Mound City Group

An aerial black and white view of lands near the park

Squier & Davis, c.1848

Mound City Group is the only fully restored Hopewell earthwork complex. As such, it is a national treasure. Here, visitors who walk quietly through the enclosure and among the mounds can still experience a sense of what it may have been like to gather at a Hopewell ceremonial site two thousand years ago.

This earthwork consist of a 13-acre rectangular earth enclosure with at least 23 mounds. The height of the earth walls of the enclosure is about 3 to 4 feet, with an entrance or gateway on both the east and west sides. All the mounds are dome shaped except for one that is elliptical. The largest mound of the group was described by early explorers as 17.5 feet high and 90 feet in diameter. There are two additional mounds just outside the enclosure. All the walls and mounds have been reconstructed and are clearly visible.

Information on visiting the site today.

Camp Sherman

During World War I the Mound City Group site was occupied by a military training center known as Camp Sherman. In the early 1920s after Camp Sherman was razed, the Ohio Historical Society excavated the site and began reconstruction of the Hopewell earthworks and mounds.

 
Several people walking around grass-covered mounds
A ranger leads a group of visitors through the Mound City Group.

NPS / Tom Engberg

 

Ceremonial Gatherings

This wonder of the ancient world was constructed by Native Americans over many centuries between A.D. 1- 400. Mound City Group’s walls enclose at least two dozen mounds in an area larger than ten football fields. Never the less, compared to the many giant complexes located around the Chillicothe area, Mound City Group is a relatively small Hopewell earthwork.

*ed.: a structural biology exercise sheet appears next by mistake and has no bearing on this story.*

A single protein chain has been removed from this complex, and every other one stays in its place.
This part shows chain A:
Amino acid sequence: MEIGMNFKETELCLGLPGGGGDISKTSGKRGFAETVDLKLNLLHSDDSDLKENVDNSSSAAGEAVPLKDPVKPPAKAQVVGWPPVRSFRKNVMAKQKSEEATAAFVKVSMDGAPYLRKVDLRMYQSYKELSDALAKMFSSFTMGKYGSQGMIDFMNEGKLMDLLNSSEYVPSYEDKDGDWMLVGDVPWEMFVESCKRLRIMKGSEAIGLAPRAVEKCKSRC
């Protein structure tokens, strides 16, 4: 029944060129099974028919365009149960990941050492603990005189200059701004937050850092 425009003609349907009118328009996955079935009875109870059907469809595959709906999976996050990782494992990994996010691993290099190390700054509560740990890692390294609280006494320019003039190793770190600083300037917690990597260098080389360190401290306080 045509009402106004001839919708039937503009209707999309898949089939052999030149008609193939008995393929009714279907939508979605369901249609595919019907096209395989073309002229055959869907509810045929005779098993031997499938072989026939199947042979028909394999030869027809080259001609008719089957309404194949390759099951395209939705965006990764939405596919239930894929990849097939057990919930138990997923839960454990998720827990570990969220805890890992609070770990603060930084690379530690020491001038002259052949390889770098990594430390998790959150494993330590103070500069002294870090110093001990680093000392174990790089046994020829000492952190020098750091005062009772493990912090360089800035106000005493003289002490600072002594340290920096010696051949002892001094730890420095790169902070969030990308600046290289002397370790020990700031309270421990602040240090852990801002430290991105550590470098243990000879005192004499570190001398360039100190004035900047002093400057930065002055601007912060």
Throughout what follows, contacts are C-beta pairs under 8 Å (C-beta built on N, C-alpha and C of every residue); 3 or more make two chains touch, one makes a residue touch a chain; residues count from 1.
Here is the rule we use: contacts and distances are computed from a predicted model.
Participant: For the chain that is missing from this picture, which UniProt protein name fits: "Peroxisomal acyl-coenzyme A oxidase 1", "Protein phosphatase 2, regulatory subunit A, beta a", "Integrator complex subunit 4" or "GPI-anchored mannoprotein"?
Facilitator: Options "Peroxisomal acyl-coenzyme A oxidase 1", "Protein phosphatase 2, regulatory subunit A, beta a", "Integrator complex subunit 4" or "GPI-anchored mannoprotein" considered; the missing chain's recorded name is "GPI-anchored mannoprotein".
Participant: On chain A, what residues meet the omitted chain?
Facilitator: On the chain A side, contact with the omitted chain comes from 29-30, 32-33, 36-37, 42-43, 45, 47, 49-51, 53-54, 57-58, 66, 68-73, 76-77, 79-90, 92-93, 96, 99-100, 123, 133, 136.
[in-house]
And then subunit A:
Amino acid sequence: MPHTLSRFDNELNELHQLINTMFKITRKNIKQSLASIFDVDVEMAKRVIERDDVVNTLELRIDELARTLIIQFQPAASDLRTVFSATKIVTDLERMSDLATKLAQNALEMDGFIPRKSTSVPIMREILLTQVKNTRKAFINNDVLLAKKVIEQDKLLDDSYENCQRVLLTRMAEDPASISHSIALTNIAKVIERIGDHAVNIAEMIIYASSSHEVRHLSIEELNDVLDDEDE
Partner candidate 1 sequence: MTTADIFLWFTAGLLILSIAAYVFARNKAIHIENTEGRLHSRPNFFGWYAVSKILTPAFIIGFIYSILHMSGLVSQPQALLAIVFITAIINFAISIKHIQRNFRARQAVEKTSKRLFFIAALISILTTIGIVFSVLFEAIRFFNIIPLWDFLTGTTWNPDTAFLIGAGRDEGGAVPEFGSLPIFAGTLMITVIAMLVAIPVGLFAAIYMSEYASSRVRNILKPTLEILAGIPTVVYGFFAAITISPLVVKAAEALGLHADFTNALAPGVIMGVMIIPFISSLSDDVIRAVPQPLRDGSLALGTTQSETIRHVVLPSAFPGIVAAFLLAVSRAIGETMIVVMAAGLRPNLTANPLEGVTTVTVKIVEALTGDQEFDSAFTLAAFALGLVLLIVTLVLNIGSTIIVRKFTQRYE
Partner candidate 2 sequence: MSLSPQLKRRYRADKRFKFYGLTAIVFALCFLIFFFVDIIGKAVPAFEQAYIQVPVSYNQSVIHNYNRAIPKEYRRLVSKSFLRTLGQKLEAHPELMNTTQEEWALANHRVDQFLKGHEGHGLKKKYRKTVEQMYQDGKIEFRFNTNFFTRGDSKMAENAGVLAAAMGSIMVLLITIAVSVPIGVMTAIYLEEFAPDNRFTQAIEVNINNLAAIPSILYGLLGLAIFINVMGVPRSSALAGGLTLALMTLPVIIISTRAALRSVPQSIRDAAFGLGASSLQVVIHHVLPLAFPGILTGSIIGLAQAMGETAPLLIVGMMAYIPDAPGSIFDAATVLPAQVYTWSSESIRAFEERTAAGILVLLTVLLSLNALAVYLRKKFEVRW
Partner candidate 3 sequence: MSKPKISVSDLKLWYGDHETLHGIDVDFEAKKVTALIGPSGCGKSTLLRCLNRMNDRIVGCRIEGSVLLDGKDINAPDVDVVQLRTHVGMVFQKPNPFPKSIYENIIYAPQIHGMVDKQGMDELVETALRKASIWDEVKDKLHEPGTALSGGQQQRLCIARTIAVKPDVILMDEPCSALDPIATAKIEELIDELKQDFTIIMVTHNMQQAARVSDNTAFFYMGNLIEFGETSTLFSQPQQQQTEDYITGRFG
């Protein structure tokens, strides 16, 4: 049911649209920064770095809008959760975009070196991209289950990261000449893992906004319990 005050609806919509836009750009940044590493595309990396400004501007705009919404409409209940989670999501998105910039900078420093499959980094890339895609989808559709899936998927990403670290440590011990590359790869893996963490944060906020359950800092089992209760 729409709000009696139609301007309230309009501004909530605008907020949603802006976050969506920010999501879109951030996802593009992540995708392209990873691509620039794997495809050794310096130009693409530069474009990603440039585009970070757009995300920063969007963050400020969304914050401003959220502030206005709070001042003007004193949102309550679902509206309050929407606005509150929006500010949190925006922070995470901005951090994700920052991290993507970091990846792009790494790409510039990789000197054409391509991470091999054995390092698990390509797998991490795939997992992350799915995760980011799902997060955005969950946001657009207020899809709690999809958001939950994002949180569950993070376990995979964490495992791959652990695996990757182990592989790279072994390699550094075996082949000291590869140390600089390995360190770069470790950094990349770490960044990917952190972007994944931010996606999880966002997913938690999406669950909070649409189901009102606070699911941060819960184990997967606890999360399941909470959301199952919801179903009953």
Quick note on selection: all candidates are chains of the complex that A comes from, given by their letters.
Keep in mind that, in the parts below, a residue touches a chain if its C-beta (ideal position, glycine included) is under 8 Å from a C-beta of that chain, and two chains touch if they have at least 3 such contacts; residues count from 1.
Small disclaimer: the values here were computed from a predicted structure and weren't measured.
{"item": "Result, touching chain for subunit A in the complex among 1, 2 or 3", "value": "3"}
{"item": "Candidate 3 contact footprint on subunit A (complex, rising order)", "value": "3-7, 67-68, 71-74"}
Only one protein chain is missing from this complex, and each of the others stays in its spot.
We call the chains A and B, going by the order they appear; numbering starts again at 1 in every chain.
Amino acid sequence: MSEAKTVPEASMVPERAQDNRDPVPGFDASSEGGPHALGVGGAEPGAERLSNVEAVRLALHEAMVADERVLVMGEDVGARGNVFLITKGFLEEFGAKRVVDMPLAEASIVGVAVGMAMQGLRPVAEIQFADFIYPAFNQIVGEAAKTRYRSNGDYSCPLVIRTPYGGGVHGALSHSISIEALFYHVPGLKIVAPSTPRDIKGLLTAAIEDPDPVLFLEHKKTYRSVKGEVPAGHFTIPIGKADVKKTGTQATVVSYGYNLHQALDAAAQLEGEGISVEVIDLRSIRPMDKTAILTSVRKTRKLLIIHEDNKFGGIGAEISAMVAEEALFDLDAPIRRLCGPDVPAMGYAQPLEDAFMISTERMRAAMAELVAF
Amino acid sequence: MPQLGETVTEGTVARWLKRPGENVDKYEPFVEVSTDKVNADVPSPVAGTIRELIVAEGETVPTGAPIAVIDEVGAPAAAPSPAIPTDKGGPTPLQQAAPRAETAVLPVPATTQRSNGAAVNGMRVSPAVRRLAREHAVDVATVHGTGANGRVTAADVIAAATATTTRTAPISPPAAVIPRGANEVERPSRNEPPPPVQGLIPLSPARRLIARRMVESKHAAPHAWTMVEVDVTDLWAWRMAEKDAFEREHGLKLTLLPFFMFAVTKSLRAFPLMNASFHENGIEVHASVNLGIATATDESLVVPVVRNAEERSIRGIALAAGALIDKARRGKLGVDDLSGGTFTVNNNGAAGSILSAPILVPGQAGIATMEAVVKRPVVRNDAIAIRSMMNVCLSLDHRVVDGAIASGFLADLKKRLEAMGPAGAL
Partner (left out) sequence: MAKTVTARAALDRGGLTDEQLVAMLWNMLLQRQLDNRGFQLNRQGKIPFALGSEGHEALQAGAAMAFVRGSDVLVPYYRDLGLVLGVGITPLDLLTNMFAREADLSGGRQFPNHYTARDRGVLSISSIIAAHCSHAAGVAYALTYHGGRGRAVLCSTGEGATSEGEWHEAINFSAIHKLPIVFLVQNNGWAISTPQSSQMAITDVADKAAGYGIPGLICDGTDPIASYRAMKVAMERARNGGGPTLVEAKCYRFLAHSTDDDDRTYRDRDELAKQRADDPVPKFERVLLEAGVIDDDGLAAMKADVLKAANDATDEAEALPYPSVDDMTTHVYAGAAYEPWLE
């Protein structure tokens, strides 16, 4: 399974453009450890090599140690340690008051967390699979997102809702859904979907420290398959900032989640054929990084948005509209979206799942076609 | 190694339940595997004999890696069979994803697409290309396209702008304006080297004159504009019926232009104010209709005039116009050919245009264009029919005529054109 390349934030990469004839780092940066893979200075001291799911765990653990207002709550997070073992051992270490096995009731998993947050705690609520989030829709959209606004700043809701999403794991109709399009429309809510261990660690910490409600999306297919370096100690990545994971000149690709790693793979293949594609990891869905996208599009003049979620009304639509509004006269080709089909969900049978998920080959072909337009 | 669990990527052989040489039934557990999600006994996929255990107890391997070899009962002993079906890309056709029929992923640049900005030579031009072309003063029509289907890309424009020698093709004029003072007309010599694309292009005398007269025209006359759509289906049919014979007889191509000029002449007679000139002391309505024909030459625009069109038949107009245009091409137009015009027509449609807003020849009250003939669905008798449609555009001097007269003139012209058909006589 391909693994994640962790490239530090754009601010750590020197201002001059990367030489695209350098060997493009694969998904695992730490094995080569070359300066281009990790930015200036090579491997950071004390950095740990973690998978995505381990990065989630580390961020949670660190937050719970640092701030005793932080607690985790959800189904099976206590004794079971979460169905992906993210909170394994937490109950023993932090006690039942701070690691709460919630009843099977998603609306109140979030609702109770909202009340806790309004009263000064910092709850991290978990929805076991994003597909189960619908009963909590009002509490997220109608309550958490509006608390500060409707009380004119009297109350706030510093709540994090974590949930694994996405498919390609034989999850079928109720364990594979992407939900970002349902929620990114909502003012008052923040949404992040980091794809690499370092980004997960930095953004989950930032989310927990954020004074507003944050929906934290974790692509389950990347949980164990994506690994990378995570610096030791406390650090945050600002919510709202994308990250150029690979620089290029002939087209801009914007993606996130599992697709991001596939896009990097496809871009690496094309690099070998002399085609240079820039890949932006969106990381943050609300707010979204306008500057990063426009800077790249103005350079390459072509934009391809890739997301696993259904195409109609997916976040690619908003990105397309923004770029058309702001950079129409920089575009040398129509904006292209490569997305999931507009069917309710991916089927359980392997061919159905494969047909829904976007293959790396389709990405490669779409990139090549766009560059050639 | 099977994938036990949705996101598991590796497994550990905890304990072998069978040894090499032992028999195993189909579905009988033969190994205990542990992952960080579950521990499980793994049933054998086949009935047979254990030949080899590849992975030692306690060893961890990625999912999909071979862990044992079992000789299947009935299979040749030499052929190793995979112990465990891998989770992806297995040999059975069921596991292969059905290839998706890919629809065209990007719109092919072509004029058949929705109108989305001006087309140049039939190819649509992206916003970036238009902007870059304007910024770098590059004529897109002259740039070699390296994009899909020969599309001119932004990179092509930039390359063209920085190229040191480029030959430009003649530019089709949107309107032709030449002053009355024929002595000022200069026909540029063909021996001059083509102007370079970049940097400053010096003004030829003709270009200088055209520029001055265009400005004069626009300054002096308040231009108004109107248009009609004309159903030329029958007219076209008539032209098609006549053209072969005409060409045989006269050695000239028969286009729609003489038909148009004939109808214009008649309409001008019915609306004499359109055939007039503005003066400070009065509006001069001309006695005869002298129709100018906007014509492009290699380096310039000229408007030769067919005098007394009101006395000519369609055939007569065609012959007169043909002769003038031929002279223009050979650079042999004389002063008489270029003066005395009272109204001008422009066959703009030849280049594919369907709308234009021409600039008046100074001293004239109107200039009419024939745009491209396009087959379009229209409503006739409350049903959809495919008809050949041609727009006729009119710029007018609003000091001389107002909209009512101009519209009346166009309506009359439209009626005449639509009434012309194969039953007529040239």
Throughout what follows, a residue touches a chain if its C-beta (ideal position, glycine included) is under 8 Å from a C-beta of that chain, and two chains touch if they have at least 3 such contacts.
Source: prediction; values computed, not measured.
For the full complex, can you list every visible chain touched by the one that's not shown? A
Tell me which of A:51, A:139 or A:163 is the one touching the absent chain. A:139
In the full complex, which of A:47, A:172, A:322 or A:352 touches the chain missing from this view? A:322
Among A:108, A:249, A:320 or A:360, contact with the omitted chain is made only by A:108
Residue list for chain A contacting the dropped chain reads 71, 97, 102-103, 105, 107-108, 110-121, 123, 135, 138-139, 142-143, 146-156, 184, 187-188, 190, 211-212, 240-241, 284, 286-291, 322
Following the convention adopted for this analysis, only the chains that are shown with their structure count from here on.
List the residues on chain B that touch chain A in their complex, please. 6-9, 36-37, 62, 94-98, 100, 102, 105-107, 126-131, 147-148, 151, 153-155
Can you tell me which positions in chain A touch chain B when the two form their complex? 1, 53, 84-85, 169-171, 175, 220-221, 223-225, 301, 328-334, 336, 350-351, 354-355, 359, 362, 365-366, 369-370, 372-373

There is no evidence that people lived within this enclosure full time. In fact, the Hopewell people did not even live in large villages. No more than three Hopewell homes have ever been discovered in one place. They may have lived in single extended family units scattered along the waterways of the great forest. Yet, even with this relatively simple social organization, the Hopewell people created immense public works that required complicated engineering. These walled complexes were likely the gathering places of people who wanted to form community even though they were not living together in villages. The reasons for their gathering here could have been both religious and social, but many important ceremonies were conducted here.

 

Careful Construction

The mounds of Mound City Group are so much more than just heaps of dirt. The process by which these American Indians established a burial mound is long and complicated. Many visitors are surprised to learn that where each burial mound is seen today, there once stood a building. The first step in the mound building process was to construct a large ceremonial building of poles and bark with a plastered clay floor. Inside, fires burned in clay basins and ceremonies were conducted. When the ceremony was a funeral, the Hopewell cremated the body. The ashes were entombed on the floor of the building beneath a small mound of clay. About one hundred cremated remains were found at Mound City.

At some point, the building would be purposely dismantled. Then the mound construction began. Mound building may have occurred stage by stage over many gatherings, because the mounds consist of many layers of earthen materials, often alternating clay and sand. The borrow pits outside of Mound City’s walls may have been the source of some of this material.

 
Top to bottom, a copper effigy bird, a clay duck pot and a stone bird effigy pipe
Some of the incredible artwork on display in the Mound City Group visitor center museum.

NPS / Tom Engberg

Awesome Craftsmanship